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Editor's Note: Take a look at our featured best practice, Psychology of Product Adoption (46-slide PowerPoint presentation). Some innovations are truly spectacular, but consumers are slow or just refuse to adopt. In fact, over 70% of all new products fail in the marketplace--and innovative, new products fail at an even higher rate. Why is this the case? And, how do companies overcome this? This document discusses [read more]

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Performance in the workplace depends on two key factors: Behaviors and outcomes of Behaviors.

According to the Handbook of Human Performance Technology, Behaviors and their outcomes are the foundation of superior Human Performance. Typically, the impact of our activities reaches other individuals, information, objects, and “systems” (e.g., work flows, processes, practices, etc.).

Developed by Keith Stanovich, the GAP-ACT Model is a cognitive-behavioral therapy paradigm to help assess human thinking patterns, arousals, and behaviors.  The model analyzes Human Behavior in relation to Performance and emphasizes that humans control their perceptions of selected aspects of the world around them through their actions.

The GAP-ACT model is a combination of GAP and ACT models.  The GAP Model asserts that a problem with Performance can be stated as a discrepancy between actual and desired conditions.  The “G” in GAP represents the “Desired Goal.”  The “P” represents “Perceived Actual Condition.”  The point of intersection between “G” and “P” (the black dot) compares the two and represents the gap between them that needs to be bridged.  The letter “A” represents “Actions” of individuals.

The letter “T” in the ACT Model represents the “Targeted Variables” we attempt to alter or control, and for which we establish objectives.  The letter “A” represents the “Actions or Activities,” whereas the “C” represents the other “confounding conditions or circumstances” at play.

The GAP-ACT Model considers individuals to be “living control systems.” As living control systems, we have objectives that identify desired states for certain variables surrounding—or associated with—us.  We perceive these variables and form an opinion about them.  Our perceptions define for us the Actual Conditions.

If we want to control a variable in a certain state where it is not, we take action to bring our perception of this variable into alignment with our objectives or desired state for it.  However, our actions are influenced by other elements—e.g., the environment, others’ actions.  Our control is generally weak and exposed to distress from confusing circumstances.  The things that other people do can make our actions and thoughts more or less effective, depending on how they affect us.  Our activities may interfere with others attempts to manage their perceptions.

GAP-ACT Model states that individuals must manage and take responsibility for their own behaviors and Performance.  Managers, however, are responsible for the performance of others.  The role of management under the GAP-ACT Model is to direct organizational energy toward productive areas.

Managers are accountable for establishing objectives, allocating resources, determining priorities, analyzing progress, and channeling others actions.

In the process of influencing the behavior of others and its consequences on desired outcomes, managers often differ, or get at odds, with their direct reports.  To influence individuals’ behaviors and control their perceptions in ways that positively affect teams’ Performance, managers can work on 4 key “Avenues of Influence” of the GAP-ACT Model.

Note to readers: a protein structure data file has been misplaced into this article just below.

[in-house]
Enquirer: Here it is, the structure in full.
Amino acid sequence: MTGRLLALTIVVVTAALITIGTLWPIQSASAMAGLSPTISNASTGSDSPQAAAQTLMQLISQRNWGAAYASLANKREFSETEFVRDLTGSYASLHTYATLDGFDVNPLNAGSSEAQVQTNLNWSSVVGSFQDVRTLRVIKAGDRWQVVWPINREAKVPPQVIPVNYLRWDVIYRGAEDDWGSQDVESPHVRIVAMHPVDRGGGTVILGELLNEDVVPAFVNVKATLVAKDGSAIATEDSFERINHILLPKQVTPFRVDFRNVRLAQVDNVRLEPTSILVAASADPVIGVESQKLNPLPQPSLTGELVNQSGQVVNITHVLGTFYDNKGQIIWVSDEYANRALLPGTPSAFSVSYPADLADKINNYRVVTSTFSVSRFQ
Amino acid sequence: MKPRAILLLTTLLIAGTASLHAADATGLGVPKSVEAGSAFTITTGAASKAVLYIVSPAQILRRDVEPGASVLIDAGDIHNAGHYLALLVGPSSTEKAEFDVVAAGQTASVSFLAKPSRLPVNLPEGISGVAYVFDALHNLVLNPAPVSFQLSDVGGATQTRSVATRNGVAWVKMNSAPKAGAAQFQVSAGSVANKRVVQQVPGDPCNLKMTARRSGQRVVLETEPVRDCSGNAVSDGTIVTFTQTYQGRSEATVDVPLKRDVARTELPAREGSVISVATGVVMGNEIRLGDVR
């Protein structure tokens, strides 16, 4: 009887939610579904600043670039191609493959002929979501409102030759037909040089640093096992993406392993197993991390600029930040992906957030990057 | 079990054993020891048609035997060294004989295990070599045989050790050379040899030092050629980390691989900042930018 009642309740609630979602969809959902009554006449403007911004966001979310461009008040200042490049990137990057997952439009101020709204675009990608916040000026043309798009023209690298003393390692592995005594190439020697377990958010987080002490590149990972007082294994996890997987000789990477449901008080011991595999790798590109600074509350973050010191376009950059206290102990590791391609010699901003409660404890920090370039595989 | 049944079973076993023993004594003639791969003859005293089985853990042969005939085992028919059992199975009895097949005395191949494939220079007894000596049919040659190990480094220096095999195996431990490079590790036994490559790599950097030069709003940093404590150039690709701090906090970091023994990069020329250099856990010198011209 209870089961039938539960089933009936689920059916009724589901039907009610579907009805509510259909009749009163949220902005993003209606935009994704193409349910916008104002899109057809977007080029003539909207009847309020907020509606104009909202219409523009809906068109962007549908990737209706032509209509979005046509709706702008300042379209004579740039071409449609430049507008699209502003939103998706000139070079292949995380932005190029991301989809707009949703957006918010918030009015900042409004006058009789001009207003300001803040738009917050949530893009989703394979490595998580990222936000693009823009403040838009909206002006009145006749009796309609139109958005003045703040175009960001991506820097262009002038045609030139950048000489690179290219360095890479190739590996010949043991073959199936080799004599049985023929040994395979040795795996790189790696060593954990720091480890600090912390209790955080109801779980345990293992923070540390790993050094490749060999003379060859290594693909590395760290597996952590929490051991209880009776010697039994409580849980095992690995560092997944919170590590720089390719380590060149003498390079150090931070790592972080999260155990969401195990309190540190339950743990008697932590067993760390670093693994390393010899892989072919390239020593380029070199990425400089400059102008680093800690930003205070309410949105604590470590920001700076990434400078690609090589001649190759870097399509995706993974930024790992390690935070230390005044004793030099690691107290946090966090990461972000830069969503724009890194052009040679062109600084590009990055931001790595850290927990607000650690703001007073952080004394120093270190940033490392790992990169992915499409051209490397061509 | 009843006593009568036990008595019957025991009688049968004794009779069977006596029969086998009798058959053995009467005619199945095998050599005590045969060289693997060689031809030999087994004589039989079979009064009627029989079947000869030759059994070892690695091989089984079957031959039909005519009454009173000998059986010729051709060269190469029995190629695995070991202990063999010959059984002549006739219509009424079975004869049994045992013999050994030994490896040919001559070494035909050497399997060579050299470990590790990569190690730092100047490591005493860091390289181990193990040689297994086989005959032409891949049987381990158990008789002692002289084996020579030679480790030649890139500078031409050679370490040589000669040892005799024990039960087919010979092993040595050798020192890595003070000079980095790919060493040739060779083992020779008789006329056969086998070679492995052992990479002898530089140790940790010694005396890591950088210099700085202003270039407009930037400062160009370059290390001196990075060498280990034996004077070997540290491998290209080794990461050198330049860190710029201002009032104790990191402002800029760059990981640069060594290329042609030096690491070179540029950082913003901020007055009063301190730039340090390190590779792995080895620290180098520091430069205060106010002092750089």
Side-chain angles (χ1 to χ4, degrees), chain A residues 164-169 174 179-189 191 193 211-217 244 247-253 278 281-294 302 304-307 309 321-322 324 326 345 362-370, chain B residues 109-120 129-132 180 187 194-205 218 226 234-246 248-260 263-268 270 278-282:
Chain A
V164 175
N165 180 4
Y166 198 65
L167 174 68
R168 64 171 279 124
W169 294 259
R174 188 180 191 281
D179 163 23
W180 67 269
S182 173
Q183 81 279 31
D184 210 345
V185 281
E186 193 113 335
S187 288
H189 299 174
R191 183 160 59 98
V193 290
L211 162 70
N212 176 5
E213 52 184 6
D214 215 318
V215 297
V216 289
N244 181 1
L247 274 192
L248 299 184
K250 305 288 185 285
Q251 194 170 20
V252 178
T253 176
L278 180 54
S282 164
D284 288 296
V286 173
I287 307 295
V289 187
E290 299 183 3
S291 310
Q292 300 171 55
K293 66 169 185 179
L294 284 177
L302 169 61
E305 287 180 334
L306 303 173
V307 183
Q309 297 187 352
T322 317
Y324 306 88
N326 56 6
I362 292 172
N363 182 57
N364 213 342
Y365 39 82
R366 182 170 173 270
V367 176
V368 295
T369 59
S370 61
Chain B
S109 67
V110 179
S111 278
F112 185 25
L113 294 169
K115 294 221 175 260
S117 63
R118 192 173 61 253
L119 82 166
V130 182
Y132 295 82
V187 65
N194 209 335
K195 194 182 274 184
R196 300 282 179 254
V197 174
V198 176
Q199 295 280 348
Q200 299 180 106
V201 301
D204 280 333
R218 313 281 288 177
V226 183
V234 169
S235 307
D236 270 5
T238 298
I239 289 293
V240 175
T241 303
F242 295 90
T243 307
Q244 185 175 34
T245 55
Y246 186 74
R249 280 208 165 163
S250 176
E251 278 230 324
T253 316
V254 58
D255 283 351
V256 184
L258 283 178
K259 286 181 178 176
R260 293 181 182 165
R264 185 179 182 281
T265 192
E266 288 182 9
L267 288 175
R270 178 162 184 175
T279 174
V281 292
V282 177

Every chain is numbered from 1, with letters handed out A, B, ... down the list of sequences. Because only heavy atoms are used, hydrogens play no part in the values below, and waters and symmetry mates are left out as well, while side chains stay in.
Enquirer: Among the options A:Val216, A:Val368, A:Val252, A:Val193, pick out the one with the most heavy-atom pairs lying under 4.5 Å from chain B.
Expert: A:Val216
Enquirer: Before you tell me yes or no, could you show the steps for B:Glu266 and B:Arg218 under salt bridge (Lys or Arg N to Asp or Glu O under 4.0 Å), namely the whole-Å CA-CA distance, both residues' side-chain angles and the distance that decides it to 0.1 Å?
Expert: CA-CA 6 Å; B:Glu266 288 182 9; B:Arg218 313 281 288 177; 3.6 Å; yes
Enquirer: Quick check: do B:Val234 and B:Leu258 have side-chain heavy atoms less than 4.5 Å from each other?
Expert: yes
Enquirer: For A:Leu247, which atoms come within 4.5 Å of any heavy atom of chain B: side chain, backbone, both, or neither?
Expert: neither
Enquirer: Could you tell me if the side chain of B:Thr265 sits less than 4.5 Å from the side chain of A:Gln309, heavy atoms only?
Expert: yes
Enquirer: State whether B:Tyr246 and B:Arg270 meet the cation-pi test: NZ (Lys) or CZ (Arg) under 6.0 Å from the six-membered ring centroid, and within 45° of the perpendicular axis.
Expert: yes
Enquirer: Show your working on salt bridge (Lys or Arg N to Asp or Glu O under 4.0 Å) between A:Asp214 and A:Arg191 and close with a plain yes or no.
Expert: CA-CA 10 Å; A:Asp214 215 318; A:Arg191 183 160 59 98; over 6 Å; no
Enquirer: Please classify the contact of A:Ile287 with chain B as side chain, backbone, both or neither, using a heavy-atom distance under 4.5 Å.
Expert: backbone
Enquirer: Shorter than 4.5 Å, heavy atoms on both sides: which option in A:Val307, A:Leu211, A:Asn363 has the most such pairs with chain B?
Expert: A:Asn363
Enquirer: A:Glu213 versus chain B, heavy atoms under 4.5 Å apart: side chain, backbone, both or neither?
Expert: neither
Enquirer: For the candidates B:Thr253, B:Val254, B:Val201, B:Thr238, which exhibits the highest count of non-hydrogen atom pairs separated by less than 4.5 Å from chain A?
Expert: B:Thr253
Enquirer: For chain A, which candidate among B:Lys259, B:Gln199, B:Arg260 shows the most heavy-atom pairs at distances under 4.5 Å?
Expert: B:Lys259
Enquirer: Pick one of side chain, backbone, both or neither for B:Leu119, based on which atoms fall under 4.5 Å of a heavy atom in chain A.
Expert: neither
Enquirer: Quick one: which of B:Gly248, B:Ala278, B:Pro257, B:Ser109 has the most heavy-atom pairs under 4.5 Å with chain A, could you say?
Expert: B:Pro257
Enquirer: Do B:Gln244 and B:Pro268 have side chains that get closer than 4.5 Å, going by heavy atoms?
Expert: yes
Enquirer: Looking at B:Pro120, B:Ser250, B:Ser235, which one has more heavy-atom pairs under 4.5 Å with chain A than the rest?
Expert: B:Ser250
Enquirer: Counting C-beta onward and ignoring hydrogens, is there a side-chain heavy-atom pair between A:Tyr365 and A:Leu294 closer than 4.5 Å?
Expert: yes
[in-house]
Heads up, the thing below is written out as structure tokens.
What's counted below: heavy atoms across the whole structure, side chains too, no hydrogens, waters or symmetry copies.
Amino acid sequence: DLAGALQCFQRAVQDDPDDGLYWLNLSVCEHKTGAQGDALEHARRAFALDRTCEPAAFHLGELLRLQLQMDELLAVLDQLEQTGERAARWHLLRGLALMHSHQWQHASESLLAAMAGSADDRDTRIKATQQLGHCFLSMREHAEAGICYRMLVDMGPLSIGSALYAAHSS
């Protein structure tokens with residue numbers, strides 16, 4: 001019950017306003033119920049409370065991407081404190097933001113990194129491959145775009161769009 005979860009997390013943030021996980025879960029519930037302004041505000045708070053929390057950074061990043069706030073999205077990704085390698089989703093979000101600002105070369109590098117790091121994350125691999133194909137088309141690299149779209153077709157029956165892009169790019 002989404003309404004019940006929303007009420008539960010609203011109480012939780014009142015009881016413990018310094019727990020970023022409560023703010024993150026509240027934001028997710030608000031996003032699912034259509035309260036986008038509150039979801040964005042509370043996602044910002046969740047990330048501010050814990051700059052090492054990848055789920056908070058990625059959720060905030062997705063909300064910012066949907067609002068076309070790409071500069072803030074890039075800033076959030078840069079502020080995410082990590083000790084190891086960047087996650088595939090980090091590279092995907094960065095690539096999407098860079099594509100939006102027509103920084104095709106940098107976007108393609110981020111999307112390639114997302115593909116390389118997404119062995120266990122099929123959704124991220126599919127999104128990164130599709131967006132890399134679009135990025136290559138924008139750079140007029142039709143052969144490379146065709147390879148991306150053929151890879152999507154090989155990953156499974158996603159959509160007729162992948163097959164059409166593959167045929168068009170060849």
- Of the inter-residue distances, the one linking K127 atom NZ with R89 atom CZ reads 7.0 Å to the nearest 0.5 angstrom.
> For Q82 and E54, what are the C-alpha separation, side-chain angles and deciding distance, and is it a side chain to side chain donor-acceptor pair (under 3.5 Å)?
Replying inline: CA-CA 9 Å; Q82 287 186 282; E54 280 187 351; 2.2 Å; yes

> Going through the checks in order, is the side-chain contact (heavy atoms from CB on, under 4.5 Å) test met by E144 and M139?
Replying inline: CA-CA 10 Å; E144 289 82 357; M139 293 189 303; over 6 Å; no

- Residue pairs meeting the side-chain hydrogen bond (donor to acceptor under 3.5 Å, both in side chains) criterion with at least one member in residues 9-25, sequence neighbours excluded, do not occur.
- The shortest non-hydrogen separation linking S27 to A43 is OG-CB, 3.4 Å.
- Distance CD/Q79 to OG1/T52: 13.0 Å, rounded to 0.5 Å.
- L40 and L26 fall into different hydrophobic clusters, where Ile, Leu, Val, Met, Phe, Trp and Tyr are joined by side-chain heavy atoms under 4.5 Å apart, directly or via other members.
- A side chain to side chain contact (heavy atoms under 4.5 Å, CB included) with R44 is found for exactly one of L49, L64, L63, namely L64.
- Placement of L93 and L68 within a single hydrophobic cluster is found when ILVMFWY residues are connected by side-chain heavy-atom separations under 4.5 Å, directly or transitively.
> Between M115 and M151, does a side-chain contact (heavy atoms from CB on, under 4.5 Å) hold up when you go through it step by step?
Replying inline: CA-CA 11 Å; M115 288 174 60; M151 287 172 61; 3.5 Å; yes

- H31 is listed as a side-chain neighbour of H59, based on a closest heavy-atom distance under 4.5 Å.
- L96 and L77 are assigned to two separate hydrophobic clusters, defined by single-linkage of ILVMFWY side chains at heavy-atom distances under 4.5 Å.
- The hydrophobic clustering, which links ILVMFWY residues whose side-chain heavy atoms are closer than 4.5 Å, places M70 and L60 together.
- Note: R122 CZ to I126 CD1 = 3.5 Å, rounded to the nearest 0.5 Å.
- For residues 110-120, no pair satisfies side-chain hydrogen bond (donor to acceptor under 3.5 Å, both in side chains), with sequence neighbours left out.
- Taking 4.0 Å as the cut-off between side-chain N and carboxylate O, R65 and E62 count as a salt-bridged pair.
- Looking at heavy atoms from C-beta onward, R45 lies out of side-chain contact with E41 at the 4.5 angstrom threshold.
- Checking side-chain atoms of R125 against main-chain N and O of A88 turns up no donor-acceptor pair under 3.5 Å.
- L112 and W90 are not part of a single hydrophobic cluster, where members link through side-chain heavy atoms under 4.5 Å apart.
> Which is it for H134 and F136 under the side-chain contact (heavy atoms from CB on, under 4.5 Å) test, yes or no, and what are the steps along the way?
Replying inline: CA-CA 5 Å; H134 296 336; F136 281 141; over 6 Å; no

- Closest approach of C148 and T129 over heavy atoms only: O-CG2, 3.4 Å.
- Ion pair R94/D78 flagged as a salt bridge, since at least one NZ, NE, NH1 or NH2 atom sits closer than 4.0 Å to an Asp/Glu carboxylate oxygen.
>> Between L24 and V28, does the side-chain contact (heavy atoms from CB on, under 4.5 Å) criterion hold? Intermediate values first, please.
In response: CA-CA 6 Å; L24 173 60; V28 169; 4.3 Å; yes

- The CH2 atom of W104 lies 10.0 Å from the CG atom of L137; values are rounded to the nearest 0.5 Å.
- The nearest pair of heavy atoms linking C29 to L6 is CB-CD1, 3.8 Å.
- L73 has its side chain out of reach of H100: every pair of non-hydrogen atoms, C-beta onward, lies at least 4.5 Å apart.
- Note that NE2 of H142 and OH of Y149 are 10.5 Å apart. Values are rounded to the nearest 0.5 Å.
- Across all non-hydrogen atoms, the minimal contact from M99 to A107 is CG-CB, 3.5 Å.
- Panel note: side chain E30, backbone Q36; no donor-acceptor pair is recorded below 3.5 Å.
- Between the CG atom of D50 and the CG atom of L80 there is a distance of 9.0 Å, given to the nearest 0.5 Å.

1. Influencing Goals
  2. Influencing Perceptions
  3. Influencing Actions
  4. Influencing Circumstances

These avenues of influence help individuals think through problems and make rational decisions.  Let’s dive deeper into some of these avenues of influence.

Influencing Goals

The foremost Avenue of Influence pertains to support from the management in making people clearly appreciate the organization’s expectations of them and setting appropriate Performance objectives.

Mere communication of management’s expectations isn’t enough to motivate people towards achieving their objectives.  This leads the team members to assume that management has a profound understanding of the outcomes expected from them.  Employees in most organizations today, however, establish their own objectives.

Managers, in this case, should facilitate individual performers by mentoring them in establishing Specific, Measurable, Achievable, Realistic, and Time-bound (SMART) objectives.  They also need to eliminate any hurdles that might deter the team members from establishing SMART objectives.

Influencing Perceptions

The next Area of Influence deals with influencing the perceptions of employees to improve Performance.

Interested in learning more about the other Avenues of Influence of the GAP-ACT Model? You can download an editable PowerPoint presentation on GAP-ACT Model here on the Flevy documents marketplace.

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About Mark Bridges

Mark Bridges is a Senior Director of Strategy at Flevy. Flevy is your go-to resource for best practices in business management, covering management topics from Strategic Planning to Operational Excellence to Digital Transformation (view full list here). Learn how the Fortune 100 and global consulting firms do it. Improve the growth and efficiency of your organization by leveraging Flevy's library of best practice methodologies and templates. Prior to Flevy, Mark worked as an Associate at McKinsey & Co. and holds an MBA from the Booth School of Business at the University of Chicago. You can connect with Mark on LinkedIn here.

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